I was a bit taken aback to read that Father Bob Cormier, a 57 year old Roman Catholic priest, died this past week in a tragic mountain climbing accident at Mt. Hood in Oregon. I had met Fr. Bob and had talked to him in passing back in the mid-1990s, when I was working at New Community Corporation in Newark and Fr. Bob was an assistant at St. Rose of Lima, the parish of NCC founder (and defacto boss-man) Msgr. William Linder. I left NCC in 2001 and lost track of Fr. Bob; but Not that many years ago, my brother got to know him a bit, given that he was re-assigned to a parish in Jersey City but would sometimes come out to my brother’s parish in Lyndhurst to do fill-in mass assignments. Unlike almost all other priests, Fr. Bob would never take any money for doing this.

I knew that Fr. Bob was an intelligent fellow who seemed at first to be on the quiet side, but who in fact had quite an activist streak within him. But I never suspected just how quietly but genuinely accomplished he was. Fr. Bob did youth ministry, prison outreach, parish work, drug rehab, radio commentary, was fluent in several languages, did church ministry in Guatemala most every summer, and was a bit of a theologian. He also published several books and maintained a Facebook site and a web site meant to be a “toolkit for faith” in modern times (www.thefaithkit.org). There is quite a lot of interesting and down-to-earth material on that site, it clearly is a work of love. And Fr. Bob was also an outdoor adventurer, a pilot, skier, a restaurant aficionado (he enjoyed his glass of wine with dinner), scuba diver, cave explorer, sailor, and . . . what did finally did him in . . . a mountain climber. Wow, I never would have guessed!!

Unfortunately, his recent trip to ascend Mt. Hood in Oregon  »  continue reading …

◊   posted by Jim G @ 9:37 pm       Read Comment (1) / Leave a Comment
 
 
Sunday, May 11, 2014
Personal Reflections ... Society ...

A few days ago, I tried to get on a web site for a local utility company, to get a copy of a recent bill. I had entered the usual ID and password, but this time the site also wanted me to answer a security question. Problem was, I had not selected the question that I was being asked to answer. I tried logging in again just to make sure I got my credentials correct, but the same question popped up. I finally pushed the button saying that I had forgotten the answer (really, I never knew it in the first place!). And after some back and forth, I got my credentials reset and I successfully logged on, with a new security question and answer.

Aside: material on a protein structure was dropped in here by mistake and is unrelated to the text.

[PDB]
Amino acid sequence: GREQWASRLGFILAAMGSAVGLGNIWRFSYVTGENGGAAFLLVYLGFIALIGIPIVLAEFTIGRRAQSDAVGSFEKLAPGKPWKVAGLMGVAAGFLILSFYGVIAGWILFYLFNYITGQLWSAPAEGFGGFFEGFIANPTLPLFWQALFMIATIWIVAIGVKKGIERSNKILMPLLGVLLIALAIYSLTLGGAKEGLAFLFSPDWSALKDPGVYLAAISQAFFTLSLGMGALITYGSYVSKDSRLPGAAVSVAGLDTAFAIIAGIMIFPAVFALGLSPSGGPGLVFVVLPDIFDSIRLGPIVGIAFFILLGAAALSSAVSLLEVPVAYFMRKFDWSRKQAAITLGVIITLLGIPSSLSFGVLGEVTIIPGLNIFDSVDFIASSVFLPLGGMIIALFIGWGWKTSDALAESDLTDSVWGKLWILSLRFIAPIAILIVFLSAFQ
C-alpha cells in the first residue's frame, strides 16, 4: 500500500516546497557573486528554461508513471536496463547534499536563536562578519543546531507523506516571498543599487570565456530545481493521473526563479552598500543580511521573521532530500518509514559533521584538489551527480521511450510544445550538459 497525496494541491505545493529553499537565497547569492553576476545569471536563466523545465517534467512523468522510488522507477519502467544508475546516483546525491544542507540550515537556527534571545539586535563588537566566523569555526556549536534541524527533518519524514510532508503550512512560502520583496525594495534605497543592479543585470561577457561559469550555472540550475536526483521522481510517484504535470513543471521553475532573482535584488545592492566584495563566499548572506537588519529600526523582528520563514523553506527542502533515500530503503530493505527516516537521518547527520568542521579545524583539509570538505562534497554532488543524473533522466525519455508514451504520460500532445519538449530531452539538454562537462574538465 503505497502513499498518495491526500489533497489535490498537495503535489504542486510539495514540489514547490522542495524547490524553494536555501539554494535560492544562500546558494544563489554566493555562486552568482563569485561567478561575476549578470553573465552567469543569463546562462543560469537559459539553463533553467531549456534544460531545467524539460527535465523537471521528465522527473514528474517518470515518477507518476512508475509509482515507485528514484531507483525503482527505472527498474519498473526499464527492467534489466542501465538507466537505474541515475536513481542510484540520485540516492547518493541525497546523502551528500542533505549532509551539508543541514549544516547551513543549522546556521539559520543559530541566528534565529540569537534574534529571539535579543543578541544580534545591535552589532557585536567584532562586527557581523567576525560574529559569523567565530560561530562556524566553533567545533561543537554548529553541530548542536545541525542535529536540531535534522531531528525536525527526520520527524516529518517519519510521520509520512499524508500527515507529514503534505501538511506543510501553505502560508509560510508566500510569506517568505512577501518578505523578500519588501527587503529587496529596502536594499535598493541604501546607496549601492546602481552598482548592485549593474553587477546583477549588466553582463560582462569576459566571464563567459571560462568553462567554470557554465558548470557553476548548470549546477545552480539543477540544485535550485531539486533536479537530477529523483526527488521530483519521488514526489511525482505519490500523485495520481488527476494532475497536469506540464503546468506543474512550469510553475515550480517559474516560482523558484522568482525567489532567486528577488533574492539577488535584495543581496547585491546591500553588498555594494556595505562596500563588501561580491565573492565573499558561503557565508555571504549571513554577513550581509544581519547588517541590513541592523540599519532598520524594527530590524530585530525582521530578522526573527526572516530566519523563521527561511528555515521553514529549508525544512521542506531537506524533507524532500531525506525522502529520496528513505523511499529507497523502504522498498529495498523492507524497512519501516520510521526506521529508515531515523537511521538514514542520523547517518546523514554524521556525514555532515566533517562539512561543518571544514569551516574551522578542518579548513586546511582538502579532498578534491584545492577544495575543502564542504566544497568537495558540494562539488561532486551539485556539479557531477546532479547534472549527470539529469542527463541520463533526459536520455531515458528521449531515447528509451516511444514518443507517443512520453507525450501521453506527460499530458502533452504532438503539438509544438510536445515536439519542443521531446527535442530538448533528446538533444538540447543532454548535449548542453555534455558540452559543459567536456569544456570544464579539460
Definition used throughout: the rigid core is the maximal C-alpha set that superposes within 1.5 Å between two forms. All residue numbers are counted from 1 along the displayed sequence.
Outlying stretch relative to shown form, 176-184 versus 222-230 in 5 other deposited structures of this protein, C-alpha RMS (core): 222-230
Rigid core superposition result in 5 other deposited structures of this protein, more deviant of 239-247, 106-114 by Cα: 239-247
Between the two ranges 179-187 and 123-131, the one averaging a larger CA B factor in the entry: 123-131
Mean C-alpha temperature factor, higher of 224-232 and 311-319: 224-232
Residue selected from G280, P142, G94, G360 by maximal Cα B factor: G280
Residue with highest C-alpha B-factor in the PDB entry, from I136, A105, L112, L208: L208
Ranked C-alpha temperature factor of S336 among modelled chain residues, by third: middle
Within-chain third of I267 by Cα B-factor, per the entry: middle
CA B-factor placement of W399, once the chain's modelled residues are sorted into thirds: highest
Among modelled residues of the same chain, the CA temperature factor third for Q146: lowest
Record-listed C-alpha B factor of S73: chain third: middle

One reason that I knew that the unrecognized security question was not mine was that it dealt with vacations. “What is your favorite vacation spot?” I would never have selected that question, because . . . well, I don’t have a favorite vacation spot. Actually, I don’t have any vacation spots at all. I basically don’t take vacations; I use up my vacation time at work by sprinkling days off throughout the year. But as to taking 2 continuous weeks off and getting on a plane or driving all day to get to some wondrous spot . . . no, I just don’t do that. I’m just not a vacation person.

Why not? Well, partly because I’m trying to save up as much as possible to get ready for retirement. A good vacation trip might cost a few grand (or so says my brother, who  »  continue reading …

◊   posted by Jim G @ 7:36 pm       Read Comment (1) / Leave a Comment
 
 
Wednesday, May 7, 2014
Personal Reflections ... Spirituality ...

I was recently reading one of those modern spirituality articles, which was mostly the usual New-Age-ish, quasi-Eastern Mysticism, imitation Ken Wilber blah-blah-blah. But I did take note of a poem, by some would-be Hindu holyman, that speaks of “the placid sky”. Hmmm, interesting concept — the sky as an inspiration for spiritual centering and calmness. I did a Google search and came up with a couple of “western literature” poems making use of the same idea. They actually were rather nice poems, so I’ll give a few quotes:

The Stars of Yon Blue Placid Sky in vivid thousands burn,
and beaming from their orbs on high, on radiant axles turn.
( Charles Tennyson Turner )

 »  continue reading …

◊   posted by Jim G @ 11:07 am       Read Comment (1) / Leave a Comment
 
 
Saturday, May 3, 2014
Current Affairs ... Public Policy ... Society ...

I was driving to work the other day, and morning person that I am, I had the radio tuned to the Bloomberg financial station. By 7 AM, I’m ready for some insightful and stimulating comment on the state of business, the markets and the world economy. (Bloomberg is after all about money, but Bloomberg media does do a pretty good job of covering politics and social trends in addition to its primary focus on the business of making money).

As I rolled down Ridgewood Avenue in Glen Ridge, it was time for Bloomberg View, and this day it was Megan McArdle‘s turn. Ah yes, good old Megan (she’s actually rather young), the rising star of economics-oriented punditry. I remember back when she cut her teeth writing an occasional “rational economic thinking” piece for The Atlantic. I find that Ms. McArdle’s thoughts have generally been worth a read or listen, and I take my hat off for her being one of the few female pundits embracing market theory and financial trends.

During my ride to work, Ms. McArdle was taking on Chris Hayes of MSNBC, specifically a recent article he published in the uber-liberal Nation magazine which compared and in some ways equated global warming with slavery. Mr. Hayes’ bottom line was that slavery was such a crime against humankind that society had to eviscerate billions of dollars worth of economic value (i.e., the investment of the plantation owners in their armies of slaves, and the huge profits that they earned by using them) . . . despite the fact that this radical seizure of economic value would have a tremendously disruptive effect on the regional economies of the South (and secondarily on the industrialized North, too). In the same fashion, society would now have to destroy a tremendous amount of economic value by prematurely ending the use of fossil fuels, because of the great crimes that global warming will soon have (and possibly is already having) on the human race (to say nothing of the many other living species and the overall living ecology of planet earth).

Ms. McArdle found this logic to be a bit “inapposite” – i.e., Mr. Haynes did not hit the nail on the head, after all. Slavery was a horribly  »  continue reading …

◊   posted by Jim G @ 11:27 pm       Read Comment (1) / Leave a Comment